Long live the work of Emma Noether

A wonderful article at arstechnica tells of the work of a woman Jew in the early 20th century. She lived in Germany in the years leading up to WWII. She had to leave, and came to America. Some of her best work is on Einstein‘s General Theory of Relativity.

Science kind of takes some symmetries for granted. For example, you should be able to perform the same experiment a year later and get the same result. Or you should be able to do it in two places and get the same result. But one of the main laws of physics — conservation of energy — seems to be broken by general relativity. It is possible for a machine to emit gravity waves, and gain energy instead of losing it.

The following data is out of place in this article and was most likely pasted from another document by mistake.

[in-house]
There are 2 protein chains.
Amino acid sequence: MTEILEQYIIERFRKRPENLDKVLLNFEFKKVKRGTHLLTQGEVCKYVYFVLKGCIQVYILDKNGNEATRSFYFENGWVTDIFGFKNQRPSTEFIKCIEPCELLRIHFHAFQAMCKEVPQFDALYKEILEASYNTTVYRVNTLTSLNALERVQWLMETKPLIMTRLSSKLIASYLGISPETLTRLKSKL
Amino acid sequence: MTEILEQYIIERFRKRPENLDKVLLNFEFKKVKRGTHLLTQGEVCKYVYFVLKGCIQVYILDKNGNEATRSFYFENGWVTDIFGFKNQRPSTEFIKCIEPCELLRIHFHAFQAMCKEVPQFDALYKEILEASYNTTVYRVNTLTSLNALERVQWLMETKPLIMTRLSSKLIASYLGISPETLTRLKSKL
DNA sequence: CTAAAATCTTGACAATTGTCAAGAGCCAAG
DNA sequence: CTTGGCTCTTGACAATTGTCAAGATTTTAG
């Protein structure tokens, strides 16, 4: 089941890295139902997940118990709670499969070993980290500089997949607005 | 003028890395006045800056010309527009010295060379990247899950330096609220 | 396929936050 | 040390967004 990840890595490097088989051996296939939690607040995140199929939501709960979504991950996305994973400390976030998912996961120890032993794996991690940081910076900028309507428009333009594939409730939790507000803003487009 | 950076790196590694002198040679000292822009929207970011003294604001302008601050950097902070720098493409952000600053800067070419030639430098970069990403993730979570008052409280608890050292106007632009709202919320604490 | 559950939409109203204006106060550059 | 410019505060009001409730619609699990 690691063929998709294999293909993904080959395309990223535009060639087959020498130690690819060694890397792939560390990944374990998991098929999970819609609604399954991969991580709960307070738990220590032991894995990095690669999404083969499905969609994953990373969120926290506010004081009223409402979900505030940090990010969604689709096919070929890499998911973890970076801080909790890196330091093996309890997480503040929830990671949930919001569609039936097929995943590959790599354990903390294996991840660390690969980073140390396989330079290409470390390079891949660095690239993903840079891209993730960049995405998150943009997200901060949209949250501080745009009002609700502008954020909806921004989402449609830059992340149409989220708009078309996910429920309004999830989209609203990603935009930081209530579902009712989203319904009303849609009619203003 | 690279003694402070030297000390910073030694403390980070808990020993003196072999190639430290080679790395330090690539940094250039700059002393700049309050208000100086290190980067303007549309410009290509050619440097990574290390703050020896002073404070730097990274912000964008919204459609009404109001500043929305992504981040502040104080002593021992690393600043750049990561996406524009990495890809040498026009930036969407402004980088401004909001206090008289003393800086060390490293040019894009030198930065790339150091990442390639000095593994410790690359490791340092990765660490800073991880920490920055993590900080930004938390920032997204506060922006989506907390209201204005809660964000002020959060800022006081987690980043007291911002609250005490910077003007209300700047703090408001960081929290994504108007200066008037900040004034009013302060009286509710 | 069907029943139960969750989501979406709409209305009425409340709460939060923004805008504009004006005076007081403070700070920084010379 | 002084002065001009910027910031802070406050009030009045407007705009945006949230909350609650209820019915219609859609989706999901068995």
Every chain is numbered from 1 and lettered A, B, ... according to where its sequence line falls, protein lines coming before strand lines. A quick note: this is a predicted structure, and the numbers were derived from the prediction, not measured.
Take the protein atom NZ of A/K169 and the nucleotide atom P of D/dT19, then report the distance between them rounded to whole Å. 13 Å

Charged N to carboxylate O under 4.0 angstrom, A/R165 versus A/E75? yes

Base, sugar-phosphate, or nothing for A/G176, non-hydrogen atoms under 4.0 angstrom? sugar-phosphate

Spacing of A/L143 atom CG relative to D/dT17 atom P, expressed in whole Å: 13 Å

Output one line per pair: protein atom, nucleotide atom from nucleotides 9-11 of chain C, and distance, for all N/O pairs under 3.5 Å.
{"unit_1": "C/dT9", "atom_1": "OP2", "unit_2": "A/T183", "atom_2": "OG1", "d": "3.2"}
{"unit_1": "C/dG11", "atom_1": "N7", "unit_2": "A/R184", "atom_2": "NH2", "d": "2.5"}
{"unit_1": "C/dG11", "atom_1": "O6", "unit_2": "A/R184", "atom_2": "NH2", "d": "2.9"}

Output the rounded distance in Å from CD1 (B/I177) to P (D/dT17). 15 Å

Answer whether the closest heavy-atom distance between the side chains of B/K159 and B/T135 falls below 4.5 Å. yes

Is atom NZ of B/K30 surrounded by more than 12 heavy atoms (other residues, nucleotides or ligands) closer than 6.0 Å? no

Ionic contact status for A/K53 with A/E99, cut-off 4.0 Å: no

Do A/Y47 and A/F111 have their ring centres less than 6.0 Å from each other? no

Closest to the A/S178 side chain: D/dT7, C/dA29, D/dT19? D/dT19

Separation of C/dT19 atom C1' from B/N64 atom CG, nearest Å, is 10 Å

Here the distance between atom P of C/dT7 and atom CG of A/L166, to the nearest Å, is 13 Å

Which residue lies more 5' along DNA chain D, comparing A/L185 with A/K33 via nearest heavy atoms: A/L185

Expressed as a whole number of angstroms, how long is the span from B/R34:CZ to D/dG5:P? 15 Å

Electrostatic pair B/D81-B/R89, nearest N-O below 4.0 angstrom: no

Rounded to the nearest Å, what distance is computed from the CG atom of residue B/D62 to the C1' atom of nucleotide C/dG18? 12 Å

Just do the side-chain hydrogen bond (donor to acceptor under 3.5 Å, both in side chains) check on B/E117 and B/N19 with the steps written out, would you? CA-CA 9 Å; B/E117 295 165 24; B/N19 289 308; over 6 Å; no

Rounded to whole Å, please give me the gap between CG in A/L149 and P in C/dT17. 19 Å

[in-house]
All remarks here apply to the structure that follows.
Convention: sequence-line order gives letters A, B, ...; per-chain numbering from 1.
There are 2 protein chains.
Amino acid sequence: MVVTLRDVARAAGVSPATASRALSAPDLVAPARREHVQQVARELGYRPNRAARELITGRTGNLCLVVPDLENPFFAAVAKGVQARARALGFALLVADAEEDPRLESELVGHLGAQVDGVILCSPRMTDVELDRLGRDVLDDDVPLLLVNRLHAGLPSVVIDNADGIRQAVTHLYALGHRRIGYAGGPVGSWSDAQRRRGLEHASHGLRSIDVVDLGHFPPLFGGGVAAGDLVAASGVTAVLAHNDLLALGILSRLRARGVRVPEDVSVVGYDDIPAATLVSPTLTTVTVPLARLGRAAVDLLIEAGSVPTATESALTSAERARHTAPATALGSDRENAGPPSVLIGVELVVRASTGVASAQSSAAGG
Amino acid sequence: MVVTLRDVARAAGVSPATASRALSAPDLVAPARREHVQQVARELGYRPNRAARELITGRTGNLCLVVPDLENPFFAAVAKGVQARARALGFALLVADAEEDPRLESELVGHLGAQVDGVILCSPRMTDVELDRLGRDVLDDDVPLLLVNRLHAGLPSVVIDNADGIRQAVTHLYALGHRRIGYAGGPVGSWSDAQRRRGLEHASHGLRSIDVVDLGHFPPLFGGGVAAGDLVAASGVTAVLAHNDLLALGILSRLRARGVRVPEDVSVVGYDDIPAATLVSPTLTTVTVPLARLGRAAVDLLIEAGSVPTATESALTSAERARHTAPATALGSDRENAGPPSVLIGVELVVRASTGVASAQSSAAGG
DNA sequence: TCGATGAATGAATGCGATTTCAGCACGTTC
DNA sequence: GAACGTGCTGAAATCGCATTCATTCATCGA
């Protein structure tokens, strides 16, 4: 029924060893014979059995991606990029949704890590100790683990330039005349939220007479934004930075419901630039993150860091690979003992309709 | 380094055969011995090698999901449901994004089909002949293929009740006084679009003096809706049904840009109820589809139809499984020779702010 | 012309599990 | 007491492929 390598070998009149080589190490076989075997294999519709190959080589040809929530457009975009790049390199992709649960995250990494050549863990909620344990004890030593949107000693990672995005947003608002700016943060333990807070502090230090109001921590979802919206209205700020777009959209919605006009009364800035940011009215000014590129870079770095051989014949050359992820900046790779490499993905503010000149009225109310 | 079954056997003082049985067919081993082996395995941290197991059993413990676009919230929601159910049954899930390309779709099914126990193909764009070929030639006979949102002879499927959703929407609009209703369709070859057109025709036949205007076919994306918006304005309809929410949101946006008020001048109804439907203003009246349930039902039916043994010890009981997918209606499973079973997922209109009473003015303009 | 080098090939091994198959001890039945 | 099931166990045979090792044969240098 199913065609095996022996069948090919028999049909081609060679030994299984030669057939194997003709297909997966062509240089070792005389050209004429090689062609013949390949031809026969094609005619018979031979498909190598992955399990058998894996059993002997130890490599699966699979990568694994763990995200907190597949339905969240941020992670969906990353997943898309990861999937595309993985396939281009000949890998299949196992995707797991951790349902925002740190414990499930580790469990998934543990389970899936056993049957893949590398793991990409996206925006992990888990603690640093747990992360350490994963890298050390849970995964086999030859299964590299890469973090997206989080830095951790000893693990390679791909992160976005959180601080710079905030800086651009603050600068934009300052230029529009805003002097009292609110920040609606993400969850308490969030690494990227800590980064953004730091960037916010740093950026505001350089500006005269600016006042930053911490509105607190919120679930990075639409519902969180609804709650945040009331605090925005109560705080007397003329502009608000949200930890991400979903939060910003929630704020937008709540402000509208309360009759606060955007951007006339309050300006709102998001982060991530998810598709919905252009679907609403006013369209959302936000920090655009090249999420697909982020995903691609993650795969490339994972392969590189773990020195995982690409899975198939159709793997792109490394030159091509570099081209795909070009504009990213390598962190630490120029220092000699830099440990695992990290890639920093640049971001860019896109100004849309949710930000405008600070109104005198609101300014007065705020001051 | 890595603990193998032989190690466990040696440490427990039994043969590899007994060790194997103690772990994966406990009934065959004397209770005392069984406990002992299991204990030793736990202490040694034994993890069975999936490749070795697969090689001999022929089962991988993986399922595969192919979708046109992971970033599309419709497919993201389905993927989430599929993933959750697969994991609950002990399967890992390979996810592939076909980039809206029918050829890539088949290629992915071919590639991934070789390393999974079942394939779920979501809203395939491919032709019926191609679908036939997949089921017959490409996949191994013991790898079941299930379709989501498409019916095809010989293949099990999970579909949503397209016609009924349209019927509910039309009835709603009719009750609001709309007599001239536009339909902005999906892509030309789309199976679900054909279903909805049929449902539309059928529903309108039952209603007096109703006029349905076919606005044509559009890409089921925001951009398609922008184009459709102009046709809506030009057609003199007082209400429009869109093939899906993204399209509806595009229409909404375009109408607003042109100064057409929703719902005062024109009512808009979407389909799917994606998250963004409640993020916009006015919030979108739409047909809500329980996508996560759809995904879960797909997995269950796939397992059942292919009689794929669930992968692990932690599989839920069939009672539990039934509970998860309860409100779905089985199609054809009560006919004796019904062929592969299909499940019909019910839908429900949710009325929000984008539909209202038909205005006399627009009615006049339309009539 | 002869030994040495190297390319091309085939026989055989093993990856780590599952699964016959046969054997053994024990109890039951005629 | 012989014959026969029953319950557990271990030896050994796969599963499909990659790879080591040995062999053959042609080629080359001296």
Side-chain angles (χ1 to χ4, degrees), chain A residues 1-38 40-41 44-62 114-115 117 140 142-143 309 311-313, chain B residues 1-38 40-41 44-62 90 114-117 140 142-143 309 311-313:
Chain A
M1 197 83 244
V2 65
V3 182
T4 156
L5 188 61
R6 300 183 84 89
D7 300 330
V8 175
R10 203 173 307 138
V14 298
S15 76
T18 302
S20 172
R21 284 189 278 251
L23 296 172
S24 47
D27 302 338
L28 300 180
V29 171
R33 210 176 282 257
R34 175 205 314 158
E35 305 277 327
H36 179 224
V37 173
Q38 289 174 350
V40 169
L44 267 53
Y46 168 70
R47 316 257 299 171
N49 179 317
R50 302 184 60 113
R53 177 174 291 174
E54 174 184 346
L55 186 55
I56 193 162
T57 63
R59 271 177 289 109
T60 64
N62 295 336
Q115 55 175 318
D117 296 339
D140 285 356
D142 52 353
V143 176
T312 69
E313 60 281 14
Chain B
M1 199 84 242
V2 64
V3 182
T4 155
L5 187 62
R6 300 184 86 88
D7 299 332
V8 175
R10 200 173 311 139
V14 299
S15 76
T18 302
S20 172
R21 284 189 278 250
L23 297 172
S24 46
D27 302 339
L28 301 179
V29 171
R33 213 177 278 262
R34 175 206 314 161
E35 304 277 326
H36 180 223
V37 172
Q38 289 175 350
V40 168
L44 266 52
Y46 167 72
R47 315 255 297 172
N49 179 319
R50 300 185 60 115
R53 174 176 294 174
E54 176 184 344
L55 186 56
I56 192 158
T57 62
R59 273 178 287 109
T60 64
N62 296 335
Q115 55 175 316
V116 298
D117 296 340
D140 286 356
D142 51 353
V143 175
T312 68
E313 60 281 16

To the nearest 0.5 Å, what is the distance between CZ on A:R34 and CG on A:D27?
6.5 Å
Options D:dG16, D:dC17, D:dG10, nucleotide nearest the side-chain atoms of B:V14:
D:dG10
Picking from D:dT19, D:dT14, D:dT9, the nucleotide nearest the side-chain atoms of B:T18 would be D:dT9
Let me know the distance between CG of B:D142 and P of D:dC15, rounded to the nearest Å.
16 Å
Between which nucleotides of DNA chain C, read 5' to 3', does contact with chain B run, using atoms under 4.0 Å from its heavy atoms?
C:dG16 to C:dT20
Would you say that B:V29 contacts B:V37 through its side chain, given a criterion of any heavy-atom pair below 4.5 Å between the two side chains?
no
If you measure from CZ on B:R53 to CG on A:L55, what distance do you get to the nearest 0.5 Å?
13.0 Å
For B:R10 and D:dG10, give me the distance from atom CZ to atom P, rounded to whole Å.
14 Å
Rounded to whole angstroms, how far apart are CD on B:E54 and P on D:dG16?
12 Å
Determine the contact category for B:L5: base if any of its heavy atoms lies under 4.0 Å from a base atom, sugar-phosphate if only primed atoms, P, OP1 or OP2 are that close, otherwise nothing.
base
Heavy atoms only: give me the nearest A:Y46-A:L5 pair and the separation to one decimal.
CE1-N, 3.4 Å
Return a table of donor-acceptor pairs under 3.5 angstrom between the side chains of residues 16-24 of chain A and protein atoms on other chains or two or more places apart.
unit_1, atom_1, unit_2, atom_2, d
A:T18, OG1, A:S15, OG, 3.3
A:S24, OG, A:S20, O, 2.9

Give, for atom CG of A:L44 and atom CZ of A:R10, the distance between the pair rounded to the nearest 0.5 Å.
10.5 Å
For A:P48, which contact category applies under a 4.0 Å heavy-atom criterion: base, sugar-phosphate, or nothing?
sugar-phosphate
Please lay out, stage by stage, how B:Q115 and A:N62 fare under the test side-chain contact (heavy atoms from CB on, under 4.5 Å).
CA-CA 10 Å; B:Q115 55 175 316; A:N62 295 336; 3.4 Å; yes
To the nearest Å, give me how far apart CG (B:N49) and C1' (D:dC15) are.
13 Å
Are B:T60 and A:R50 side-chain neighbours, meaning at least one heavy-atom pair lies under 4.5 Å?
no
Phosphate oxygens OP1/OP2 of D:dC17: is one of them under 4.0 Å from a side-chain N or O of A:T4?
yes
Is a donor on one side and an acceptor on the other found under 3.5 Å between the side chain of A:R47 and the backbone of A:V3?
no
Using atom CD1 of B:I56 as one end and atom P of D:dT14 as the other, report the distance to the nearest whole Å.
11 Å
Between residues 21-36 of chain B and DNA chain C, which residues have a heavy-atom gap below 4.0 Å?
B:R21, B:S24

This paradox was solved by Emma Noether who’s theorem proves a connection between symmetries and conservation laws.

It turns out that with general relativity, you may get different results depending on where you are when you perform your experiments. Here on earth, the experiments all happen in very similar circumstances. But in a strong gravitational field, the curvature of space is different, and you can get different measurements. This strange effect is predicted by Einstein’s theories, and Neother’s theorem provides the connection.